William Ackman concedes he regrets buying shares of Valeant Pharmaceuticals International, the stock that is more responsible for his steep losses since last year than any other. In a freewheeling one-hour interview on CNBC, the founder of New York-based Pershing Square Capital Management said, “No one wants a stock down 85 or 90 percent.” Asked how close he came to bailing out completely from the stock, he said, “I came very close. I thought very seriously about it.” But he said he hung on because of what he believes is the high value of the drug maker’s assets. He pointed to Valeant acquisitions such as Bausch & Lomb and Salix Pharmaceuticals as well as key products.
Shares of Valeant dropped nearly 13 percent in the first 90 minutes of trading Monday after the company reported negative news on Friday as it filed its 2015 annual report, which was late. The stock, however, started to surge from noon to 1 p.m. while Ackman talked up changes made at the company over the past five weeks, including new top management, a shake-up of the board of directors, the filing of its annual report and restatements of earlier results. The stock wound up closing for the day at $32.58, down “just” 2.34 percent for the day.
Over the next two weeks we’ll learn which hedge funds bought, sold and stood pat with positions in Valeant in the first quarter. Of course, we won’t know exactly whether those who bought or sold did so before or after the stock dropped nearly 50 percent on March 15.
Ackman also suffered bad news Monday when Credit Suisse said a new analyst who assumed coverage of Platform Specialty Products, a producer of specialty chemicls and services, cut the price target from $14 to $10. The analyst also maintained a Neutral rating on the stock, asserting concerns about leverage at the producer of chemical products. “While we remain constructive on the long-term story, weak end markets damper its ability to reduce leverage,” said a note sent to clients on Monday. In an investor presentation on April 26, Pershing Square said that Platform “is working to address the challenges it faced in 2015.” The stock fell nearly 50 percent last year and has nearly halved again this year, dropping more than 3 percent on Monday alone to close at $9.98. “Platform’s current collection of businesses benefit from long-term secular growth trends and have favorable competitive positions,” Pershing Square told clients at the recent investor meeting. Credit Suisse is obviously taking a wait-and-see attitude.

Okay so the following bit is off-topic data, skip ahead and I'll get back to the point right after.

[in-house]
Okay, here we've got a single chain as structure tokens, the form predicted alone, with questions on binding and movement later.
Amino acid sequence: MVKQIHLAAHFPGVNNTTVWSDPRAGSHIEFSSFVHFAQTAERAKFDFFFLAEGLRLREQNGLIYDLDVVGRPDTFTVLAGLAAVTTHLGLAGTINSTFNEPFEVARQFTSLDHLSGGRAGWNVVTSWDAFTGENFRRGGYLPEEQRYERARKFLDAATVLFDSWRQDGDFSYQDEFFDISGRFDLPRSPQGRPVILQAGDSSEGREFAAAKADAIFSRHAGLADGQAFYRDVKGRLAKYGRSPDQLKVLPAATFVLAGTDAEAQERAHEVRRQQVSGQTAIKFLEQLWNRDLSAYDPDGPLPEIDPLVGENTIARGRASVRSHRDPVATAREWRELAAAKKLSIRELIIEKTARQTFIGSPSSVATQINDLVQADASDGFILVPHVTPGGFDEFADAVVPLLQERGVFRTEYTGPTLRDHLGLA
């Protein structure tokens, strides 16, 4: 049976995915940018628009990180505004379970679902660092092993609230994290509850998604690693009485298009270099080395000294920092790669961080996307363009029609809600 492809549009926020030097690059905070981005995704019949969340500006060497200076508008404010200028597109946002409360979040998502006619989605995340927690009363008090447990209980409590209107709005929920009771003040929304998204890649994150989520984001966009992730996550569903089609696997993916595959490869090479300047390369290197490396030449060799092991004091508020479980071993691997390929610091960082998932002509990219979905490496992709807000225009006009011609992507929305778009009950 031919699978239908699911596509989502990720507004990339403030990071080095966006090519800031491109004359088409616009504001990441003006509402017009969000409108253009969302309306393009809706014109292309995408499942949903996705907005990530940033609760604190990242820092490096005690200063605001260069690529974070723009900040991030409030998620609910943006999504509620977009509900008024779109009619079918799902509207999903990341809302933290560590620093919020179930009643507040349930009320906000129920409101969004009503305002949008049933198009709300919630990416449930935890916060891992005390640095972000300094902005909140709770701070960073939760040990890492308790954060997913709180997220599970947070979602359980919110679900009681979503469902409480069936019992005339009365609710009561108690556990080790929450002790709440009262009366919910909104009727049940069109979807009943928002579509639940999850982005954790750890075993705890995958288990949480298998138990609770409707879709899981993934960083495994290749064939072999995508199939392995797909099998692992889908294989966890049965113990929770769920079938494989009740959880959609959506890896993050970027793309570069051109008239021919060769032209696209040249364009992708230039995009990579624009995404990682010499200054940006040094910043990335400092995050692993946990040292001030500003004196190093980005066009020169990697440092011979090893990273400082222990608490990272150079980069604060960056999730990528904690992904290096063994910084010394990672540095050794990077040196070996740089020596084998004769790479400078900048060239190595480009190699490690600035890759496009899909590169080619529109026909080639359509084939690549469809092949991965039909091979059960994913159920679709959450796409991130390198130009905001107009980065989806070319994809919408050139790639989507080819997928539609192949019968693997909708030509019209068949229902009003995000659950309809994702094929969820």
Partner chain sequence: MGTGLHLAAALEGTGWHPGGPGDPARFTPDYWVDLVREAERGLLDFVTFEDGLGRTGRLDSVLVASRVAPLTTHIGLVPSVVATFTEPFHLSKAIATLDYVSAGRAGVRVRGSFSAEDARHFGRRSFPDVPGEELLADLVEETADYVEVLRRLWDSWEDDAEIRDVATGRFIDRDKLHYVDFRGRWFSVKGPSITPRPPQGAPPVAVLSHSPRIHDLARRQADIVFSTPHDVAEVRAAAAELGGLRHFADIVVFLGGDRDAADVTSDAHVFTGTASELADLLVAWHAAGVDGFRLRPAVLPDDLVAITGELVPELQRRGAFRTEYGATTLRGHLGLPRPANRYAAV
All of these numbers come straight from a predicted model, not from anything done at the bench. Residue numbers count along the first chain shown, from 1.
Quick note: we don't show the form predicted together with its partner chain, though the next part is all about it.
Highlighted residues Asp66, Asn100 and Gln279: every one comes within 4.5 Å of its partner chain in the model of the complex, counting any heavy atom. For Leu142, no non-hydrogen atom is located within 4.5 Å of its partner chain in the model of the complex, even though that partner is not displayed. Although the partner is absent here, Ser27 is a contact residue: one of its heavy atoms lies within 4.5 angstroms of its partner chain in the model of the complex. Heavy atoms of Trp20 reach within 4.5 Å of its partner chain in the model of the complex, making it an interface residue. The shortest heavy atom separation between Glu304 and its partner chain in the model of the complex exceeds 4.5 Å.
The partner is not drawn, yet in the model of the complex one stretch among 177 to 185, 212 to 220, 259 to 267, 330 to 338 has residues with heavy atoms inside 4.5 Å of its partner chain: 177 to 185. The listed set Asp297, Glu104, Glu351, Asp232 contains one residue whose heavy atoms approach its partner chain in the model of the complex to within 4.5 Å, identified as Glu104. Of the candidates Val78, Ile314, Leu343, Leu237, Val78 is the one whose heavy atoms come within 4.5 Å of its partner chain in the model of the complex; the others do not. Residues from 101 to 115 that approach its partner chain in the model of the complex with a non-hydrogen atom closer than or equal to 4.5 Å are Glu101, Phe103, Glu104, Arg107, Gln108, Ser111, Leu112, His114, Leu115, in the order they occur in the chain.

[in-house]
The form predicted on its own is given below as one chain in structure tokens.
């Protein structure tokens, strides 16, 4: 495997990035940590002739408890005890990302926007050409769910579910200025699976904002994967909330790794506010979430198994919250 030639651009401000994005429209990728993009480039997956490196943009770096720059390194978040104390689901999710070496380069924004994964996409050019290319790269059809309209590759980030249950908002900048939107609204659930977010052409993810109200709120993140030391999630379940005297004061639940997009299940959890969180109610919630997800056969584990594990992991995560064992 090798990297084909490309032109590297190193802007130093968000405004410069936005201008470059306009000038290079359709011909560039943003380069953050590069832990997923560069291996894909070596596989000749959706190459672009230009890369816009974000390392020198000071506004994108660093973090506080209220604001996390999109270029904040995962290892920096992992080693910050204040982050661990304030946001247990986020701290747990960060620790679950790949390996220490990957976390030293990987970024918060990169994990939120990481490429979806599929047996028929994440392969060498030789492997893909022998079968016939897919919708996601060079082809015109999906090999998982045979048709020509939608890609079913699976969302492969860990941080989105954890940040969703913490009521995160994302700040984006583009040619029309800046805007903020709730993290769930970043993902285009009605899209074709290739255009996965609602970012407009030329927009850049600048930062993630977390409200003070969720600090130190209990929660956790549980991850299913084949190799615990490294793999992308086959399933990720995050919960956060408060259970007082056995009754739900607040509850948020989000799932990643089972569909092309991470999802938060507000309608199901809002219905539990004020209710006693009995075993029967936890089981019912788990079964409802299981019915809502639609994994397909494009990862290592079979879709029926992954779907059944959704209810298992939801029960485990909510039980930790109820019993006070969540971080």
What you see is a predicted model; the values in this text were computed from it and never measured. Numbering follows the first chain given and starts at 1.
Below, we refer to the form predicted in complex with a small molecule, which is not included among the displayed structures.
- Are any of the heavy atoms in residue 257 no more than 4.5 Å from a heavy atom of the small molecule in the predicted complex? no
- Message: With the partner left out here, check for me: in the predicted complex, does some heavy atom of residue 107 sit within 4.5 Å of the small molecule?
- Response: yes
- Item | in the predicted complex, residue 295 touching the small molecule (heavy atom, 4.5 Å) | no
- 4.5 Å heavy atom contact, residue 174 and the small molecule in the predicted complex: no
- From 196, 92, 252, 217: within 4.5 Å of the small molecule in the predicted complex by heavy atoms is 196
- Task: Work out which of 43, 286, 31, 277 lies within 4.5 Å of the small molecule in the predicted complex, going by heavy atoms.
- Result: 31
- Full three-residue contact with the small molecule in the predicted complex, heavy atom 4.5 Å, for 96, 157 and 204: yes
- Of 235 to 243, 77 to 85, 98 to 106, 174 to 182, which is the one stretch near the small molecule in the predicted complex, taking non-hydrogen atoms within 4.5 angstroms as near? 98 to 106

Ackman received some good news on Monday, however, when Barclays raised its price target on Air Products and Chemicals—one of Pershing Square’s more successful investments—from $147 to $162. The bank also retained its Equal Weight rating on the stock. The move comes following a strong quarterly earnings report. In the first quarter, Air Products was the only stock singled out for generating a profit for Pershing Square. As we earlier noted, Pershing Square stressed that the company has generated six straight quarters of double-digit earnings-per-share growth since Seifi Ghasemi became CEO.
Merger arbs and activists were apparently surprised by the news that Baker Hughes and Halliburton called off their merger, which they had agreed to in November 2014. Under the deal between the two energy-services companies, Halliburton will pay Baker Hughes a $3.5 billion termination fee. Baker Hughes said it will use the proceeds to buy back stock and pay down debt. Even so, shares of Baker Hughes fell by 2 percent while Halliburton rose nearly 2 percent, though off from their high on the day. As we earlier reported, last week San Francisco-based ValueAct Capital reported selling nearly one million shares of Baker Hughes from March 7 through March 22, resulting in a stake of 9 percent. At year-end, ValueAct also owned 1.92 percent of Halliburton, making it the ninth-largest shareholder at the time.